* 200 articles. Two years. Whelk. The best of Upsideclown. Might be reprinted.

The Role of Cooperation in Human Interaction

10 February 2003
Matt follows the rules

The Cooperative Principle is intended to embody rational considerations as guidelines for the effective and efficient use of language in conversation to further cooperative ends (Levinson 1983: p.101). It is expressed as follows:

"Make your contribution such as is required, at the stage at which is occurs, by the accepted purpose or direction of the talk exchange in which you are engaged."

The generalised cooperative principle is elaborated by reference to a set of maxims which a cooperative dialogue partner is expected and assumed to follow or exploit.

These are:

[Elliot 1993: p.23]

First, we met. Then, we went for a drink. Next, dinner, followed by an awkward couple of weeks where both of us were busy on inconvenient days and the other suspected us of losing interest. A tentative date that became a glorious evening, drink and talking long past the Shipping Forecast, talking over each other, under each other, words and ideas slippery and flirtatious, a tangled weave; and by the early morning as the sun came up behind the empty wine bottles, we were finishing the other's sentences, sharing the thread between us, your breath on my face, and when I heard whispered words I wasn't any longer sure of who was speaking them.

The maxim of Manner

Avoid obscurity and ambiguity, be brief and orderly.

- I love you

- I love you

The maxim of Quantity

Make your contribution as (but not more) informative as is required for the current purposes of the exchange.

Grice's cooperative maxims are the unsaid norms. When I ask What are you doing tonight?, not only do you reply with an informative and cooperative answer (Oh, nothing much), but I can make the assumption that you're being informative and cooperative.

That is, that you're telling the truth.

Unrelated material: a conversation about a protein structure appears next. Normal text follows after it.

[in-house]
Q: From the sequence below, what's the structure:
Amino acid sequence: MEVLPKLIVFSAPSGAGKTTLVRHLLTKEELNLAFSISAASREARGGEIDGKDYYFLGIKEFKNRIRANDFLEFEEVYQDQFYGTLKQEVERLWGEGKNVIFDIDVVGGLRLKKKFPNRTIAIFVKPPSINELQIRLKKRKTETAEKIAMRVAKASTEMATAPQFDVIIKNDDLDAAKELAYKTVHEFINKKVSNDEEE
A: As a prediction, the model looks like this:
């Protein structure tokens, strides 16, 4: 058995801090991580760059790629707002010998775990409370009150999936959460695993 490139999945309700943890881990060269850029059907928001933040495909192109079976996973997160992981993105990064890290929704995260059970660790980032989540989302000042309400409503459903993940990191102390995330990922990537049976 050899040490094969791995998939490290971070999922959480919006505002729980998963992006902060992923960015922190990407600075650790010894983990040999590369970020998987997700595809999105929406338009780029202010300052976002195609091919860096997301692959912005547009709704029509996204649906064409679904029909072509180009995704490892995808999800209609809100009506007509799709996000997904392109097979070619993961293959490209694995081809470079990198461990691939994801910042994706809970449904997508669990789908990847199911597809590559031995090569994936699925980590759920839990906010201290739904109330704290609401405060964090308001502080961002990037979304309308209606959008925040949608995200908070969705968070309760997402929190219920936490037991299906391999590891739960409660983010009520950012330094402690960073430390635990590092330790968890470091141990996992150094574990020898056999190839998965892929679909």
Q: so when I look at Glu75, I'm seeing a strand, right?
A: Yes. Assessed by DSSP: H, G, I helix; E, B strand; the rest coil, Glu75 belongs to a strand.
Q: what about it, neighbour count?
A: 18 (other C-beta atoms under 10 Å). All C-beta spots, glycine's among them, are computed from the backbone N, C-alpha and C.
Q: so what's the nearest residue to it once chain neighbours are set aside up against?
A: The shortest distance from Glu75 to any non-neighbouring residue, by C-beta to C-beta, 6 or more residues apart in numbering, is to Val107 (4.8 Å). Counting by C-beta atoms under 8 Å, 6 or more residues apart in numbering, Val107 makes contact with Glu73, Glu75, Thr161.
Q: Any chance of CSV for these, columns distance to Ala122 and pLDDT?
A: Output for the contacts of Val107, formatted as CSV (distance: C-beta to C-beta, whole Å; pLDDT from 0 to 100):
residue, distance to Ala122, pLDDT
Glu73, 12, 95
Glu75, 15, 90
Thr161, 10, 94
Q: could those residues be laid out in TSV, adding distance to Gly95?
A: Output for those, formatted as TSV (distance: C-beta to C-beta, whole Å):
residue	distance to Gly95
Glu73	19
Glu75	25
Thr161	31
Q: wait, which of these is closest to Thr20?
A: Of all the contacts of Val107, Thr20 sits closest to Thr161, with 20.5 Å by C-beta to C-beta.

Because, if your night consisted of "nothing much" and then meeting the Queen -- "Oh, nothing much" would still be true. But not maximally true, which is what this maxim demands.

And so - with my background assumptions - your reply expands in my mind to: Nothing much, nothing that would interest you, and this is true for the whole of the night.

Which is why, when you don't answer the telephone later, I assume you're in the bath, or asleep, or have popped out for a takeaway. Something like that.

The maxim of Quality

Try to make your contribution one that is true, do not say what you believe to be false and do not say that for which you lack evidence.

Try as I might, I say "yeah, fine" inbetween your "how are you?" and your kiss. And I'm sure my smile's a bit stiff, because I'm just a bit unsure at the moment. Maybe I'm a suspicious person, maybe I'm imagining things, but there are evenings you steer the conversation away from, and I'm beginning to suspect they weren't nights-in-alone. There's your friend at work you used to mention a lot, but one day you stopped and you haven't said his name for months now.

There's a distance in your eyes, sometimes, when we talk. Just occassionally. Just occassionally you're not completely there, the verbal play isn't as free and easy, it's ritualised, going through the motions.

I struggle to make sense of it. Another night your mobile has redirected to voicemail and I know you'll call me back in half an hour with a plausible reason, but my mind's churning so I'm having a shower to clear my head, and thinking:

What if I said this? And you said this? Then I replied with this?

Playing out combinations, conversations in my head. Like chess.

And so I model possible futures, there in hot water and the steam. A conversation navigating its way between islands disallowed by Gricean communication. If I ask the right questions, I get the right answers.

The number of worlds of outcomes grows too quickly. To anything I say, you can reply with a million things. A universe of conversations after a minute. So prune. Discard the conversations where you admit an affair. I don't want to end like that. Keep the ones where you say you still love me. Do I have any left? If I don't ask you if you love me still, then you won't say no.

A jet of water hits the palm of my hand, spraying out in all directions. Each drop falling in the same place, each dispersing in a different way. In the end, all we have are these generalisations: whichever way the spray goes, in the end it falls.

So I don't say anything.